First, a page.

Overlooked Part of Insurance Crisis

This week, Governor Bush took a step to start solving one part of the insurance crisis. This is from a St. Petersburg Times story.

Gov. Jeb Bush said Wednesday that he will ask the state Cabinet next week to consider creating a new statewide pool for businesses that can’t find property insurance.

Bush said he’s intrigued by an idea to resurrect a dormant state law that would create an insurer for business not unlike Citizens Property Insurance Corp., which is geared largely toward the residential market.

Okay. So to have a state-run insurance company as a last resort for businesses is okay. But the governor has said otherwise about home owners policies: “But what we’re not going to do is have the government be the insurer of wind — first resort, middle resort or last resort. Some folks out there would have suggestions that would lead down that path.” (taken from Miami Herald article.)

Hmm. Interesting.

It’s not that I think the Democrat’s propsal is the answer, but its better than anything the Republicans have tried. They propose to use an entity like Citizens to ensure some portion of windstorm coverage – say up to the first $100,000. Private companies would then cover damage over that amount.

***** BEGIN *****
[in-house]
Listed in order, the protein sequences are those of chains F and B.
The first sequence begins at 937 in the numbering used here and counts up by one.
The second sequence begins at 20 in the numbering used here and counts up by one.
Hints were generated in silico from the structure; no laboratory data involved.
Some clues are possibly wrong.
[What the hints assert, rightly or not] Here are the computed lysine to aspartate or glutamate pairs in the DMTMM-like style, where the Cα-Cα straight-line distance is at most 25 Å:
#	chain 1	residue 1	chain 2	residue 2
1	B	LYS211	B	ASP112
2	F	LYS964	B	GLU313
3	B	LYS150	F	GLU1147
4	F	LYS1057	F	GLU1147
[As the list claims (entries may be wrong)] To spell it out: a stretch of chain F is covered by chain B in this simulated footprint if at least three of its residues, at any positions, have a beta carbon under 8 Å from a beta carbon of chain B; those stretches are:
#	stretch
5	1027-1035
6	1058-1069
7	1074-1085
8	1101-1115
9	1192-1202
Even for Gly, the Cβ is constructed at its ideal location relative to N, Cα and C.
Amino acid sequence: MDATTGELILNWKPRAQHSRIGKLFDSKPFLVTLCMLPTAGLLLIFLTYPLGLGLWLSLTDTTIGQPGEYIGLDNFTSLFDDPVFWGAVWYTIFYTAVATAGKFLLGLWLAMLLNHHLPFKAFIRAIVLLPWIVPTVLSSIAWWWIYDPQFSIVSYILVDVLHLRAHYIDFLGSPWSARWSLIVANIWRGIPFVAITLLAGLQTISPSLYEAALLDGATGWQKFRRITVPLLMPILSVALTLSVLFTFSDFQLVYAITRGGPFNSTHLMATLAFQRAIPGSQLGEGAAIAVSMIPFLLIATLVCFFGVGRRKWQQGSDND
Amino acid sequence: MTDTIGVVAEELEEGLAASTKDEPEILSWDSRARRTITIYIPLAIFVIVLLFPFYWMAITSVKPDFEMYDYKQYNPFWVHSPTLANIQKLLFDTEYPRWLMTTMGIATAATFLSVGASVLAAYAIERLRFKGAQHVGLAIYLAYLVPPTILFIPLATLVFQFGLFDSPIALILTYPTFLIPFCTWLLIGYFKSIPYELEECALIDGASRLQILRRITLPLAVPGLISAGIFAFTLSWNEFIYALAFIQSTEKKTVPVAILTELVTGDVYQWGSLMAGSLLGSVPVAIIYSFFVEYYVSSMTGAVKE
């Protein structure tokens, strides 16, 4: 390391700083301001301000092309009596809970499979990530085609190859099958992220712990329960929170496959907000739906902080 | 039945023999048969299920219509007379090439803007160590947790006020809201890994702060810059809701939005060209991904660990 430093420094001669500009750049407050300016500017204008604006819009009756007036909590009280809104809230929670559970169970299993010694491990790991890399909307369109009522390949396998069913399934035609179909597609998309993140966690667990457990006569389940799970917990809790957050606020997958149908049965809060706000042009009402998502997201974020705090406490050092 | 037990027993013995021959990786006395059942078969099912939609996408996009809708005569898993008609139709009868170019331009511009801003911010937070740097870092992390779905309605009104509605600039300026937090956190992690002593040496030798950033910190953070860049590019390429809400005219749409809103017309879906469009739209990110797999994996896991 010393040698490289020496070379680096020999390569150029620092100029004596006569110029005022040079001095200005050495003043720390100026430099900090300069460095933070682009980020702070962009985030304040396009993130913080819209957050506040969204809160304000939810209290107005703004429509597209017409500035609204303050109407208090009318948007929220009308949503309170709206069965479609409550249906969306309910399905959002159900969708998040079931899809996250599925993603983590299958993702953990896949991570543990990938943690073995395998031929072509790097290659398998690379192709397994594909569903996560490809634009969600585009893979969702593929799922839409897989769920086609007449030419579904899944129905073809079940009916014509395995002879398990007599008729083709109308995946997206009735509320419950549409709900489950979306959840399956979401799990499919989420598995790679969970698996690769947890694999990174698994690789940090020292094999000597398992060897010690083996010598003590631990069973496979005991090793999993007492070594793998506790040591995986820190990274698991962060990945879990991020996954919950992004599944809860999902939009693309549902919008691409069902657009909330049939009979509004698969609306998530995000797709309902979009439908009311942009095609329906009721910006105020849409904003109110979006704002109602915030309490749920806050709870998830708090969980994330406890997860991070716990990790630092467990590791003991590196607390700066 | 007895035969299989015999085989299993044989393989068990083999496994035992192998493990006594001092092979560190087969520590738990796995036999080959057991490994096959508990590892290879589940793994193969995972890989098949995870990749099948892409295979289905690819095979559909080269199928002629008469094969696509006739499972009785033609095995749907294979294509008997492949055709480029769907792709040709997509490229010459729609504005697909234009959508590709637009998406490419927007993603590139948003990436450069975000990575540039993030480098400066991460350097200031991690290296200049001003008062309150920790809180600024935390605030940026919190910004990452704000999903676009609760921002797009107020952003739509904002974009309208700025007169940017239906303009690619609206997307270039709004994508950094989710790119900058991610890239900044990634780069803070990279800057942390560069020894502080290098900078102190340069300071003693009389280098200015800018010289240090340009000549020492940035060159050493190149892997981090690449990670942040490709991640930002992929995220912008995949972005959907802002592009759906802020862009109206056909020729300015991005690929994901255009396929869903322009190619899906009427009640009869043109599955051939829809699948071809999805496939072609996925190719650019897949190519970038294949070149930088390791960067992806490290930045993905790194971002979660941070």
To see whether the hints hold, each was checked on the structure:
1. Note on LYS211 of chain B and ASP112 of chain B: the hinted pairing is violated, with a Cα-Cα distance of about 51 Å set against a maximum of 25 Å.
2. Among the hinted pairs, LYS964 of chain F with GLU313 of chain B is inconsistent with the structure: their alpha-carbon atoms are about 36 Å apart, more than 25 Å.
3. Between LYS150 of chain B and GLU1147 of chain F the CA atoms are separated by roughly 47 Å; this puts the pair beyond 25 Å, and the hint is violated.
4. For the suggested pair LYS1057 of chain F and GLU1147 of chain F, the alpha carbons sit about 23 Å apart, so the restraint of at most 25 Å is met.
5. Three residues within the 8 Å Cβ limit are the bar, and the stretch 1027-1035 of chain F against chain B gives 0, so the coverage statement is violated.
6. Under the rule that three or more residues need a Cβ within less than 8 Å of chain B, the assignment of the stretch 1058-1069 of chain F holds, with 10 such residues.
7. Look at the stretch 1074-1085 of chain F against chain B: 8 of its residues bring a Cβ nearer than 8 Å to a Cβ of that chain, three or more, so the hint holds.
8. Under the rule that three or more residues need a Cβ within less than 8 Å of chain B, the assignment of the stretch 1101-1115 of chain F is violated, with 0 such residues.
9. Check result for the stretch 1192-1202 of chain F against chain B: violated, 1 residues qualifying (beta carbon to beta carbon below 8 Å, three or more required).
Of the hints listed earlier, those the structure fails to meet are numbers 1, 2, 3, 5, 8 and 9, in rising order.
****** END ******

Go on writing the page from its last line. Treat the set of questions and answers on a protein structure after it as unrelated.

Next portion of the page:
Republicans, however, don’t seem to have any real ideas. First, Attorney General Charlie Crist has said that the Democratic idea has some merit. He has not yet come out with his proposal to fix the insurance crisis. The second candiate, Chief Financial Officer Tom Gallagher – who has overseen the insurance first as Insurance Commissioner in the early 1990’s and later as C.F.O. (Both the Hurricane Catastrophe Fund and Citizens were Gallagher ideas) – recently unveiled his proposals: expand Citizens to include businesses, then lower the threshhold for the Catastrophe Fund to cover insurers losses from the current $5.3 billion to $3 billion.

One thing is certain, someting HAS to happen. The Herald’s editorial says it all: Insurance crisis now, calamity tomorrow.

I agree that Bush should not call a special session until there is some agreement on what to do… but if something dire happens and Florida takes another major hit from one or more storms this hurricane season — we might see a revolution brewing among the voters, leading to major upheaval at the ballot box.

About Jim Johnson

Editor and publisher of The State of Sunshine.
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